Energy-Efficient Homes Using Off-The-Shelf Products and Materials
Independent thesis Advanced level (degree of Master (Two Years)), 20 credits / 30 HE creditsStudent thesis
Canada is a highly energy-intensive country, because of its high living standard, large territory, extreme cold climate, and significant industrial base. In 2011, Canada’s residential sector consumed about 1,446 petajoules (PJ), accounting for 13.5 percent of the total energy use and offering significant energy-saving potential. The key objective of this thesis project is to quantify the potentially achievable improvement in energy efficiency of a typical single detached home in a municipality in Ontario, Canada by using off-the-shelf products and materials. A building simulation tool modeled the energy use of a prototypical house using eQUEST, a DOE-2 based program that calculates the energy use and cost of commercial or residential building given information on weather, architectural, envelope materials, internal loads, electrical, mechanical, schedules, and economic parameters. Simulation results show that 36.8 percent energy savings are attainable by using off-the-shelf products and materials for building envelope, lighting, electrical appliances, and heating, ventilation, and air conditioning (HVAC) system and control; these exclude heat pumps, which may not be economical to use as the only heat source in cold climates. However, recent developments in heat pump technologies and relatively low electricity prices in certain locations in Canada offer major opportunity to save energy by up to 54.2 percent through the use of heat pumps.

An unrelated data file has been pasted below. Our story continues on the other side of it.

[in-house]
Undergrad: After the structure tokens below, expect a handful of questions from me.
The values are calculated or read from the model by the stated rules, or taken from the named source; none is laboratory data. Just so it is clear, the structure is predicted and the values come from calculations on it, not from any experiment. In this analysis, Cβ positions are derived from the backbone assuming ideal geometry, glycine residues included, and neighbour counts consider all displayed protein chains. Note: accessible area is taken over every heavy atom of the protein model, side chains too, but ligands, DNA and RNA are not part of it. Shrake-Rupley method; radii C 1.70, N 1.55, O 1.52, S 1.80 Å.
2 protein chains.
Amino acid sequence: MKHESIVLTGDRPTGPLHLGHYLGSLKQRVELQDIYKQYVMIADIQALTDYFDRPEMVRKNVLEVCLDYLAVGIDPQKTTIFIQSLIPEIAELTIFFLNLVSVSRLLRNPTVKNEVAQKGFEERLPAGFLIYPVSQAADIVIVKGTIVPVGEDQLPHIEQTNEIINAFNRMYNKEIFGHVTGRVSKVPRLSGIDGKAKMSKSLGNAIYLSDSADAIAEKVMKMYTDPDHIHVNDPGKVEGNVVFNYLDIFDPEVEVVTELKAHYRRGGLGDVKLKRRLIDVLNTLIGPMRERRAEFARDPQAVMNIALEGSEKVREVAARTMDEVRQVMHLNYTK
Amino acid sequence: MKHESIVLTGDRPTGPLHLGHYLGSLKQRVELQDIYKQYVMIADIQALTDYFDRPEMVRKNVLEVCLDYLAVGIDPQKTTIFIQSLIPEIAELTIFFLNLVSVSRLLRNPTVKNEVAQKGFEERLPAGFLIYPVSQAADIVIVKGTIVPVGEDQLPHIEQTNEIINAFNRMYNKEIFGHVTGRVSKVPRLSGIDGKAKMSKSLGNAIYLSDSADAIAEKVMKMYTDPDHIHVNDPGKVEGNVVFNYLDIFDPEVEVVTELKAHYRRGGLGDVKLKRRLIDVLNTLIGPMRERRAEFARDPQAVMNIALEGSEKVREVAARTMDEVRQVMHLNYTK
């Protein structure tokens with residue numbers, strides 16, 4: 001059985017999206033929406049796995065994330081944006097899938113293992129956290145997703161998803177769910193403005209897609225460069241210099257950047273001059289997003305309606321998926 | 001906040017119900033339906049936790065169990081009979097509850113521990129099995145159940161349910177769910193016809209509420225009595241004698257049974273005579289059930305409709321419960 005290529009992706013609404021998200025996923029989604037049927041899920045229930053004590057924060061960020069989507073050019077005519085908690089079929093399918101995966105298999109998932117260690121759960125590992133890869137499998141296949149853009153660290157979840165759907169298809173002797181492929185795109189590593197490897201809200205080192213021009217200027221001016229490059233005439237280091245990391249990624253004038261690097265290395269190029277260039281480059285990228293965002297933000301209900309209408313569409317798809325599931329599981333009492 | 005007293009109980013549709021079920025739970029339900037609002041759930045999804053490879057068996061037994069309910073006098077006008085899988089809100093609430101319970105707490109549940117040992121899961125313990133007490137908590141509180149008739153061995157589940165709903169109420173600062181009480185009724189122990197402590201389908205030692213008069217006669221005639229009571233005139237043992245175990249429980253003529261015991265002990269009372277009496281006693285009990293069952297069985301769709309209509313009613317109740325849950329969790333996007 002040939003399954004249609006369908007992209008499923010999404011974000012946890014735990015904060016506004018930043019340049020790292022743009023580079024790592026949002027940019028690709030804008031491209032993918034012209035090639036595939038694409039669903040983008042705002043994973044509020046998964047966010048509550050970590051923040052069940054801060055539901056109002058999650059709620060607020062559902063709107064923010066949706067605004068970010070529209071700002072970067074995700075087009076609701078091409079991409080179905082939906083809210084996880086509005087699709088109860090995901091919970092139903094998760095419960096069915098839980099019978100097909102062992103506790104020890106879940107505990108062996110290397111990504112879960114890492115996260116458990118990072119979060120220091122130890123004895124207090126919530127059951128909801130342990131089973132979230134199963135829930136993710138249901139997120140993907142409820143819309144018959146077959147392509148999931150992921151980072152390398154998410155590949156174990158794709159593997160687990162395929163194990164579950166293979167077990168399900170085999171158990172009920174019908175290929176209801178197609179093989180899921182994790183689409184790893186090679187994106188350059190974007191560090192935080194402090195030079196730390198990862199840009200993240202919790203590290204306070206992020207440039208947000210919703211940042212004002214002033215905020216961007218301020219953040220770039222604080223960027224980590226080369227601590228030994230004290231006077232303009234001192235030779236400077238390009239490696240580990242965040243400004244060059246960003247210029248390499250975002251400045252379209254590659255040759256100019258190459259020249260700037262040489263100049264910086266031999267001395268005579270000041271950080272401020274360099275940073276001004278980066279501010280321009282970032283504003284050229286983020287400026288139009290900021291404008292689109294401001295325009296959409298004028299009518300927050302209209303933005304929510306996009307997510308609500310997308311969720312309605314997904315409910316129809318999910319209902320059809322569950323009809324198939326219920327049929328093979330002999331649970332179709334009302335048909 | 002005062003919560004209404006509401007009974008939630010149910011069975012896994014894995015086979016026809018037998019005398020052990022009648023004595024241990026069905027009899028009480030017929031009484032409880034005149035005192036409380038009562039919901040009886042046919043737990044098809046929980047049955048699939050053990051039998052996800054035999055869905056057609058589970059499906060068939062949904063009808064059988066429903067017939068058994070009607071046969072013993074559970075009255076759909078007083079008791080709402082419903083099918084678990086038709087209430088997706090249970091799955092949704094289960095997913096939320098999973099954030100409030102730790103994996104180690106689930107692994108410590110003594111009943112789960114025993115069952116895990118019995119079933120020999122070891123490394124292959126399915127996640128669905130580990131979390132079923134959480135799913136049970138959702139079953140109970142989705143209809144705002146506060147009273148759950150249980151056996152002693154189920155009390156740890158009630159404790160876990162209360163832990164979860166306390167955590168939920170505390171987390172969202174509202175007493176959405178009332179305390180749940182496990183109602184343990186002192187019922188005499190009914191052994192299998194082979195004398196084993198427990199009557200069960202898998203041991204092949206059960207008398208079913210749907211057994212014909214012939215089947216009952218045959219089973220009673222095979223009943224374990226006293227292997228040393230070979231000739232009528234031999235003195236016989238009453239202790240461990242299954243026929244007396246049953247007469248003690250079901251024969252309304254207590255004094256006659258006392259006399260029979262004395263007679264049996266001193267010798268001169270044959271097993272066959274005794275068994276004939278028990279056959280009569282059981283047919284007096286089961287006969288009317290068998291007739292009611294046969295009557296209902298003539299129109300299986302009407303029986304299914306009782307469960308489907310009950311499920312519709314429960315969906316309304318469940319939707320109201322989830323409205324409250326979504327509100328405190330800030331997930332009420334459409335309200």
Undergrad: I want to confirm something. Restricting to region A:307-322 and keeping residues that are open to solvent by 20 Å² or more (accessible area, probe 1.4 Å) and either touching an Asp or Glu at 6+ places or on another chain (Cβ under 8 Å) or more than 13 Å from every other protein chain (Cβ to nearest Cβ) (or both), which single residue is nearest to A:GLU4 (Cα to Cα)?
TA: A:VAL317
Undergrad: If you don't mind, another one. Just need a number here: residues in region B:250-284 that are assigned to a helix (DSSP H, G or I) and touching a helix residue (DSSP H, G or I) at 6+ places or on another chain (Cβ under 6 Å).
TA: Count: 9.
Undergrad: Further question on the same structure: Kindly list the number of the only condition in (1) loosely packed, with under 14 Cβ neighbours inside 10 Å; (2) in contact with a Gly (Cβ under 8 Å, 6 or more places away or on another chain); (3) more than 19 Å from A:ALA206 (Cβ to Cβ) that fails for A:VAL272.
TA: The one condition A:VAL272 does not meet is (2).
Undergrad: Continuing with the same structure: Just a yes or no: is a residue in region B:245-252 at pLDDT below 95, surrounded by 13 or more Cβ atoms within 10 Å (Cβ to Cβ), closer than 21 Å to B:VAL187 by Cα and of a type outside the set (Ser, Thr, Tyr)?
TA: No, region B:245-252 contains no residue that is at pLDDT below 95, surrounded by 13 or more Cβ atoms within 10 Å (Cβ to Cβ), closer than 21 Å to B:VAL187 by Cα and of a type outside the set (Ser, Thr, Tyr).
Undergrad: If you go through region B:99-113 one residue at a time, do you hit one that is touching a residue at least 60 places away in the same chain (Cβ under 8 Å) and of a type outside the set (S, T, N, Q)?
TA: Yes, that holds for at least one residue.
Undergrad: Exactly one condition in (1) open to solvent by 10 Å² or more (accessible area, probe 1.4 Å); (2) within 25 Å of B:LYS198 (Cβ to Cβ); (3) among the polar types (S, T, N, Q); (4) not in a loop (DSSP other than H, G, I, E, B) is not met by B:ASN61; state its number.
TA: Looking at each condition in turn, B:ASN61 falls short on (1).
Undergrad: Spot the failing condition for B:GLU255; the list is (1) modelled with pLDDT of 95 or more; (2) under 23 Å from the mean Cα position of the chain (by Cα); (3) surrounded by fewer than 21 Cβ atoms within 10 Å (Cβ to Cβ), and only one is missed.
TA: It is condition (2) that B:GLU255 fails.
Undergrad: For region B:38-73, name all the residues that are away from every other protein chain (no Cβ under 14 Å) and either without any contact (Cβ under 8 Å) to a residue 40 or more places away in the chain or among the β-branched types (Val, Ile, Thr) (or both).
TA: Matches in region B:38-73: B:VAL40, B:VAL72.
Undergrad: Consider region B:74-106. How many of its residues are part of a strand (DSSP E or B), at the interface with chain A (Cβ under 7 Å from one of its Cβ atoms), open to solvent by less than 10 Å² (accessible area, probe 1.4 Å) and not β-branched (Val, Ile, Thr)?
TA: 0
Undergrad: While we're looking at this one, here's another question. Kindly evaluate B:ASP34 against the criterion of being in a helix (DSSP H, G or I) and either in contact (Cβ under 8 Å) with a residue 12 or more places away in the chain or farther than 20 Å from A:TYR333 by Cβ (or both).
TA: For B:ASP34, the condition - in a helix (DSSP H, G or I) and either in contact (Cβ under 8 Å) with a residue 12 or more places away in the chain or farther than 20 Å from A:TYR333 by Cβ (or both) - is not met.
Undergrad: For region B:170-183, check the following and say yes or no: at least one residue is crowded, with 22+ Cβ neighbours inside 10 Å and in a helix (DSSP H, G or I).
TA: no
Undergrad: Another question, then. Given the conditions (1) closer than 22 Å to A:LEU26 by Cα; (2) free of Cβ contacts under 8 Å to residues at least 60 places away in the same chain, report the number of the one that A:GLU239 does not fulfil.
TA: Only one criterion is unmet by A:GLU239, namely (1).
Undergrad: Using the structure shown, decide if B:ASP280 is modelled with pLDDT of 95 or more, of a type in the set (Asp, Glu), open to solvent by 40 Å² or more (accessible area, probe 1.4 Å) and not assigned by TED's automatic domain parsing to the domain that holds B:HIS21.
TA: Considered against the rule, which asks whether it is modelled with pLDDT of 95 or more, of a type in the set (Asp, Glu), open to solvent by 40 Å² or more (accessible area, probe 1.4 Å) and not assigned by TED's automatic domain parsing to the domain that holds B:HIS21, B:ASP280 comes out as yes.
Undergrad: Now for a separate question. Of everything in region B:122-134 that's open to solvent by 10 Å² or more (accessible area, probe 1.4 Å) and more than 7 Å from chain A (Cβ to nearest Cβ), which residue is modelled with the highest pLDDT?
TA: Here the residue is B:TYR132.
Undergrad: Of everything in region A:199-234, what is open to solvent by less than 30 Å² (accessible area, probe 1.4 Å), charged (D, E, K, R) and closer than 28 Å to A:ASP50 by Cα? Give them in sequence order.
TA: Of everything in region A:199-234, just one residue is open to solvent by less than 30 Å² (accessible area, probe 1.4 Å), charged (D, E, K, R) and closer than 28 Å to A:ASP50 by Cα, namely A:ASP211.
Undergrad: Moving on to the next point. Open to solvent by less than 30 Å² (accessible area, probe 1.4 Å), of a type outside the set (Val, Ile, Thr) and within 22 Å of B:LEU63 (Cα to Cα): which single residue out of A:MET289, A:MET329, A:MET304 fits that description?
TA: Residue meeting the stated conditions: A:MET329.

Place, publisher, year, edition, pages
Canada, residential sector, energy efficiency, off-the-shelf products and materials, eQUEST, DOE-2
IdentifiersURN: urn:nbn:se:kth:diva-123666OAI: oai:DiVA.org:kth-123666DiVA: diva2:628443
Master of Science - Sustainable Energy Engineering
2013-06-11, 14:00 (English)